Thinking you are not a runner because your stamina breaks down while running is common for most people who do not work out or actively run. Probably, wondering what can be the benefits of running. There are many reasons to go running; once you learn about them, you’ll surely want to consider them. Not a big deal if you are not a runner; you may start with walking and gradually, over time, move to running. People who are active or work out regularly swiftly move to jog in the initial days. However, there is nothing that you should be disappointed about, as slow and steady always wins the race.
Some benefits of running are:
Improves your heart health
If you’ve ran to catch a bus or for any other reason, you might have seen yourself catching a breath afterward. It is no surprise that running works for your cardiovascular health. Your heart rate increases as you run to pump more blood to your working muscles. Over time with consistent running, your heart and lungs adapt. Your heart becomes stronger, pumps more blood, and your lungs become more powerful and capable of taking in more air per breath. As your cardiovascular efficiency improves, you can run faster with less effort.
Builds muscular strength
For some, running is appealing because it doesn’t cost anything and can be done alone. Some like to participate in marathons or other athletic races. If you eat healthy with enough calories and proteins for support, running can help build muscle and increase strength in your legs, arms, and core.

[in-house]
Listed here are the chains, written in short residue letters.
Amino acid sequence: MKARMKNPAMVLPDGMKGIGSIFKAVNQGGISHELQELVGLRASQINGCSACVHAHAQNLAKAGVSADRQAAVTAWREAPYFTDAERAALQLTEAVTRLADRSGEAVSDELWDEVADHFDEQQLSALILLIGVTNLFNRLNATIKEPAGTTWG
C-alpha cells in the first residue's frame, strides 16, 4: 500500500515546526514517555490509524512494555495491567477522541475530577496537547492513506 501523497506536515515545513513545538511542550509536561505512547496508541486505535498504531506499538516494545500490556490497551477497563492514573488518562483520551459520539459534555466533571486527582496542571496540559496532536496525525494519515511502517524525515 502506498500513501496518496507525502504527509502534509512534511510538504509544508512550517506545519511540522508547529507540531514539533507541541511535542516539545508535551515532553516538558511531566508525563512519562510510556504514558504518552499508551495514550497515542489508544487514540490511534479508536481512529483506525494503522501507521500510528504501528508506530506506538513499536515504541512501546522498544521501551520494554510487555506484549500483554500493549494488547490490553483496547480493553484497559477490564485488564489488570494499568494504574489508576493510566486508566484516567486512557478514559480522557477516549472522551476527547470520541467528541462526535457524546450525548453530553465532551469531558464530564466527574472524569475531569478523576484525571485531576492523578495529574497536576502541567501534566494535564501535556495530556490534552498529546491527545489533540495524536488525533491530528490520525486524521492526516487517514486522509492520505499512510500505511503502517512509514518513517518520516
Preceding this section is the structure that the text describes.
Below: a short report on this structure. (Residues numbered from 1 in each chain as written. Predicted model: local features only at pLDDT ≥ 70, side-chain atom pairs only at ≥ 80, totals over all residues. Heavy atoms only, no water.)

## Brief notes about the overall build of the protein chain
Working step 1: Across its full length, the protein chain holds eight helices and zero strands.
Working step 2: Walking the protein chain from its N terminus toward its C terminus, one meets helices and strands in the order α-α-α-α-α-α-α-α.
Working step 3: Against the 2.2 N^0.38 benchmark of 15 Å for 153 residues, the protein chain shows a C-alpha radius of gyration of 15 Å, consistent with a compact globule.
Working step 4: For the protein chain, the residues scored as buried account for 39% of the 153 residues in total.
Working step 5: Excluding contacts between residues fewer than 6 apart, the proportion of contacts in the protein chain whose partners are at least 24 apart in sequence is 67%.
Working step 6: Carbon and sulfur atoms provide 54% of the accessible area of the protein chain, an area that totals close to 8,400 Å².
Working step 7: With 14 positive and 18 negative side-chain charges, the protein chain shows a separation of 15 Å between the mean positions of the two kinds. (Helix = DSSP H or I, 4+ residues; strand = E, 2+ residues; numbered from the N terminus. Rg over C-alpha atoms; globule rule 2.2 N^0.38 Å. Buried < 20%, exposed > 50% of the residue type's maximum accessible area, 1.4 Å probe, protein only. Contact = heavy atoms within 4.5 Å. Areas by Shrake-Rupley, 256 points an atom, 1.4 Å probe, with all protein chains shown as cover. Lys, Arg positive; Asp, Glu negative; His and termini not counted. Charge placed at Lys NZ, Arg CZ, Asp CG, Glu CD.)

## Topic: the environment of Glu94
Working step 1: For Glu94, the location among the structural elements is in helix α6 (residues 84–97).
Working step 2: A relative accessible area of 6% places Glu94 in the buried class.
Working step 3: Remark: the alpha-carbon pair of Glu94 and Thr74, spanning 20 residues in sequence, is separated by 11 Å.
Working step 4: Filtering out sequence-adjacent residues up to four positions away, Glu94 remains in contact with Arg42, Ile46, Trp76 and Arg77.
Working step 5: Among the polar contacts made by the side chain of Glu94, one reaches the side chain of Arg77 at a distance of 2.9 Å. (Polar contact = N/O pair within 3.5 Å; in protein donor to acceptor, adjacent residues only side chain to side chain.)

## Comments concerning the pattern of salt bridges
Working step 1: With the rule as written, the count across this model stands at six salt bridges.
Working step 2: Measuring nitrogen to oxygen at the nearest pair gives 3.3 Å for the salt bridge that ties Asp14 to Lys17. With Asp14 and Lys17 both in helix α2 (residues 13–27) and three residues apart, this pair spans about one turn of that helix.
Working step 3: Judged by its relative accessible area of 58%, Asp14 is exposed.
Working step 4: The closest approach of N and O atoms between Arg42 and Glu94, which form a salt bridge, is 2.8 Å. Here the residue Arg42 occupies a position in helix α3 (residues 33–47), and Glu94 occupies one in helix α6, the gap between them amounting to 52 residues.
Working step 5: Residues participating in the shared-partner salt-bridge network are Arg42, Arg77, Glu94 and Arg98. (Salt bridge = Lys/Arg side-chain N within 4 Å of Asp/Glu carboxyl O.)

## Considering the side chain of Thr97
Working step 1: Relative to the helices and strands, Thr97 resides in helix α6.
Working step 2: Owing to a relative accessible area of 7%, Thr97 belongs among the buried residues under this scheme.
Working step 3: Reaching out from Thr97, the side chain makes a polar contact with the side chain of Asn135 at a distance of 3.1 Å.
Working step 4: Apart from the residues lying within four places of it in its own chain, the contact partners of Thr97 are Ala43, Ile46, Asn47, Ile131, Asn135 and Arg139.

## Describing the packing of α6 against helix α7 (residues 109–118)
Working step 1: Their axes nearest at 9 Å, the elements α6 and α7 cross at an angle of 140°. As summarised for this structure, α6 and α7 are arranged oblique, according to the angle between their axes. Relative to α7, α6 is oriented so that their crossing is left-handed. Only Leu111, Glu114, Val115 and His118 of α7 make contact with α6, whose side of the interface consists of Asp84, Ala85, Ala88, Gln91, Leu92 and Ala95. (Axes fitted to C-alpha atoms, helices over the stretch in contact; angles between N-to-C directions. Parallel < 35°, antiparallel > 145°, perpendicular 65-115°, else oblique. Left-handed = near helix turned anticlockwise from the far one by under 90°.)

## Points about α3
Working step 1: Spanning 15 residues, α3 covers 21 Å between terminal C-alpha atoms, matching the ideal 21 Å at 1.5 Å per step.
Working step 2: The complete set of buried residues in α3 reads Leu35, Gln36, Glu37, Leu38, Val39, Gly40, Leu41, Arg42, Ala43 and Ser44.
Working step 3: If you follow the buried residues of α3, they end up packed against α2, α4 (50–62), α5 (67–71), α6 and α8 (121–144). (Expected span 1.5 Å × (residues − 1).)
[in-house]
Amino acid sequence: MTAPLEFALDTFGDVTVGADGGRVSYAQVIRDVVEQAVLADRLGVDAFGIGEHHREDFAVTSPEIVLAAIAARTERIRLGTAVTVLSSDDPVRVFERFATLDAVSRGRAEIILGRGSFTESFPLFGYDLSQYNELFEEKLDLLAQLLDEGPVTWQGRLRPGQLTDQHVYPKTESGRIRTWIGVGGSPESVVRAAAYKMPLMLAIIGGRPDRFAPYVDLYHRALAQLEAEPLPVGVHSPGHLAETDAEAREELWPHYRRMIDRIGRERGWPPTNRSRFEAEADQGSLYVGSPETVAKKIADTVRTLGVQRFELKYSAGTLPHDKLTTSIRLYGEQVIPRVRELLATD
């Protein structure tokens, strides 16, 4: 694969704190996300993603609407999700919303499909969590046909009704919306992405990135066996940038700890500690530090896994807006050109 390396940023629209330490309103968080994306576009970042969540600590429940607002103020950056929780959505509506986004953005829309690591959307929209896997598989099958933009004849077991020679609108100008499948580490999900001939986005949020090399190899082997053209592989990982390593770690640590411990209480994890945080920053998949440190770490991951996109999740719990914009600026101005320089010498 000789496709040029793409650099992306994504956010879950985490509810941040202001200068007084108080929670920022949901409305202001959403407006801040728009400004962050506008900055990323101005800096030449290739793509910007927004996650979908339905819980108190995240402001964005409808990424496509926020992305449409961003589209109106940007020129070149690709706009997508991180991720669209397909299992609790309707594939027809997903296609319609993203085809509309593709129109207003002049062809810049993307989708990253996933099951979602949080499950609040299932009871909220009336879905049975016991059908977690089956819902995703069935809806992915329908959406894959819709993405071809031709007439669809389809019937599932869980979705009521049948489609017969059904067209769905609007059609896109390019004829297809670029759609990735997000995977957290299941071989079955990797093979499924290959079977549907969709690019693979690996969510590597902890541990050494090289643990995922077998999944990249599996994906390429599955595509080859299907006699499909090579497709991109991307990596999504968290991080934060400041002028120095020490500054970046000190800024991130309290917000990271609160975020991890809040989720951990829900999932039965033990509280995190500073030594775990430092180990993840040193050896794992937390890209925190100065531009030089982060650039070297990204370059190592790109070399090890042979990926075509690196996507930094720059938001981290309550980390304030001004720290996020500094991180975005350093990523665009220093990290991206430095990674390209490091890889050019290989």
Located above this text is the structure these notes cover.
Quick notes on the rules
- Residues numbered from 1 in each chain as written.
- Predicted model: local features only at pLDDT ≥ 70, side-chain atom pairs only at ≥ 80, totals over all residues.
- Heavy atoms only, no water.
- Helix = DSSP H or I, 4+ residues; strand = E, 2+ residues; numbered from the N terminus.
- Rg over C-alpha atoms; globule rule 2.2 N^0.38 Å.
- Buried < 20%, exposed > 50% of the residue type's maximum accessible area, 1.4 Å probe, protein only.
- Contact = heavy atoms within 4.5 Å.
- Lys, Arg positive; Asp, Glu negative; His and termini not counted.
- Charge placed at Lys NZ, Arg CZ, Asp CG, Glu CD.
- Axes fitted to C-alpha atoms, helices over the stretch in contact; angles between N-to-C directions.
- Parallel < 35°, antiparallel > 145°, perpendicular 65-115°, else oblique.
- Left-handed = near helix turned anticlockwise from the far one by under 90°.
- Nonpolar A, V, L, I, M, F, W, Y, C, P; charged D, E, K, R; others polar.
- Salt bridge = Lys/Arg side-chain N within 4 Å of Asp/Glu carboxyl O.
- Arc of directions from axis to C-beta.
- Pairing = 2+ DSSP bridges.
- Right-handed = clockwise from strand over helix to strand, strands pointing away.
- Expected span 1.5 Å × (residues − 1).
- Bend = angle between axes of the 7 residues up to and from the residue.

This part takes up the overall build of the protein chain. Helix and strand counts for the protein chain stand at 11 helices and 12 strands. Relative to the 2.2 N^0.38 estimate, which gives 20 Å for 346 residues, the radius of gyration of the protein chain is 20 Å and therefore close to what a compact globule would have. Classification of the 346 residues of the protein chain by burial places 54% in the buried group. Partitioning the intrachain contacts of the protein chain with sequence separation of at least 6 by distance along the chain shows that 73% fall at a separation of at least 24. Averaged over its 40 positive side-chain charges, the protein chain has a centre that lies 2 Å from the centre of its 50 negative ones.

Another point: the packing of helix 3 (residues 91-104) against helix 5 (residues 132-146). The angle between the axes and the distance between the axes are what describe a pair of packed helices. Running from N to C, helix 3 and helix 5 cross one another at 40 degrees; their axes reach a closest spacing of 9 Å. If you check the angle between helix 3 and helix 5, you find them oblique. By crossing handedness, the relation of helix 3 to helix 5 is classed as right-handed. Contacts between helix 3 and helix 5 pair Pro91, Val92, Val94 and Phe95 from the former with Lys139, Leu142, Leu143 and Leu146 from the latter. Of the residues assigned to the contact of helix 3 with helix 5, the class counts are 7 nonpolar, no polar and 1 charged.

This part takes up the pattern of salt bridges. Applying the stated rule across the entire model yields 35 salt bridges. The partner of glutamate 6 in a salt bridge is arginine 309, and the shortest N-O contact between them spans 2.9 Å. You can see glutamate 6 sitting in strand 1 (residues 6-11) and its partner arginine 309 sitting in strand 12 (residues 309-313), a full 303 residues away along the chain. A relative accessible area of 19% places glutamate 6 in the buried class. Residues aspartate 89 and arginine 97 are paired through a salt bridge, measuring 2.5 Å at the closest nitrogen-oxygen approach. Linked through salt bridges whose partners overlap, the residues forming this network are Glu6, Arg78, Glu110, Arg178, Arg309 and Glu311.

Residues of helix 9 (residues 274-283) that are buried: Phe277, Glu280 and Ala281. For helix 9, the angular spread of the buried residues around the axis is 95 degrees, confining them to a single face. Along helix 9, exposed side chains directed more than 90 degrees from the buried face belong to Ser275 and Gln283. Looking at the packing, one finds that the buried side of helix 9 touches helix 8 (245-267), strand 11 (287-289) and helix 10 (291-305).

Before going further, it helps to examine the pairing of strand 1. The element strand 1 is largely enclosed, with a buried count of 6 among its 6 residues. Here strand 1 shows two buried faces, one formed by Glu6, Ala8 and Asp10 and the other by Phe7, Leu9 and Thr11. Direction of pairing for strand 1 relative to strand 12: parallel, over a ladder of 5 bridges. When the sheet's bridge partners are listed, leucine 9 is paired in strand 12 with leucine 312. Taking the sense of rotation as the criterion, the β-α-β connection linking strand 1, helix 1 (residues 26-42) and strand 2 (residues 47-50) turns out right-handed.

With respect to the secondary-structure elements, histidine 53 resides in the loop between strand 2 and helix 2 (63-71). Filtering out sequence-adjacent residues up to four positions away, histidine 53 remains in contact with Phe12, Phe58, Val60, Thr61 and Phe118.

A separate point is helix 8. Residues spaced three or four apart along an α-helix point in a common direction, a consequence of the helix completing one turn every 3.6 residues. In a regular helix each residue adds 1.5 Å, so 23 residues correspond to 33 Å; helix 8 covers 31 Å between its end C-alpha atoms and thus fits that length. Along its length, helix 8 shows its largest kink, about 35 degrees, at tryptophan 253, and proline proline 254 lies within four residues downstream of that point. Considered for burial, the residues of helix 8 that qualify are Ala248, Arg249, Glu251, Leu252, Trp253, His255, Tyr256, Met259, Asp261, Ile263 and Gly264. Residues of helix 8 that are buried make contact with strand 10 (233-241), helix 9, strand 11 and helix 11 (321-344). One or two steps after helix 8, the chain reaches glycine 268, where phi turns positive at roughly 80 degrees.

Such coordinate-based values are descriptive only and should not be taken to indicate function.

Reduces the risk of many chronic diseases
Blood pressure can trigger heart attacks, stroke, vision loss, and other health issues. Medication can help, but running can help too. Research suggests that regular running can help improve your body’s ability to control blood glucose, reduce inflammation and lower your risk of cancer, diabetes, and respiratory diseases.
Increases your lifespan
Death is an inevitable part of life; however, research suggests that runners have about 25-30% lower risk of all-cause mortality, and consistent running can increase almost three years of life expectancy.
Helps build healthy habits
Research suggests that once you start running, you are more likely to make lifestyle changes, such as nutrition, exercise, and sleep. If you become a regular runner, you are likely to be motivated to work it around your schedule by getting up early morning, so sleeping early at night, or in some cases, going in the evening, then probably sleeping later at night. With these changes, you will likely experience positive behaviors in your life.
Improves your mood
As mentioned earlier, it is likely to inculcate some healthy habits that can bring positive changes in your life. It can help you think positively, improve your energy levels and quality of life, better stress management or coping skills, and more.
Stress causes several health problems and mood problems. It can also diminish appetite and sleep quality. While running, you exert your body and reduce your chances of developing tension headaches.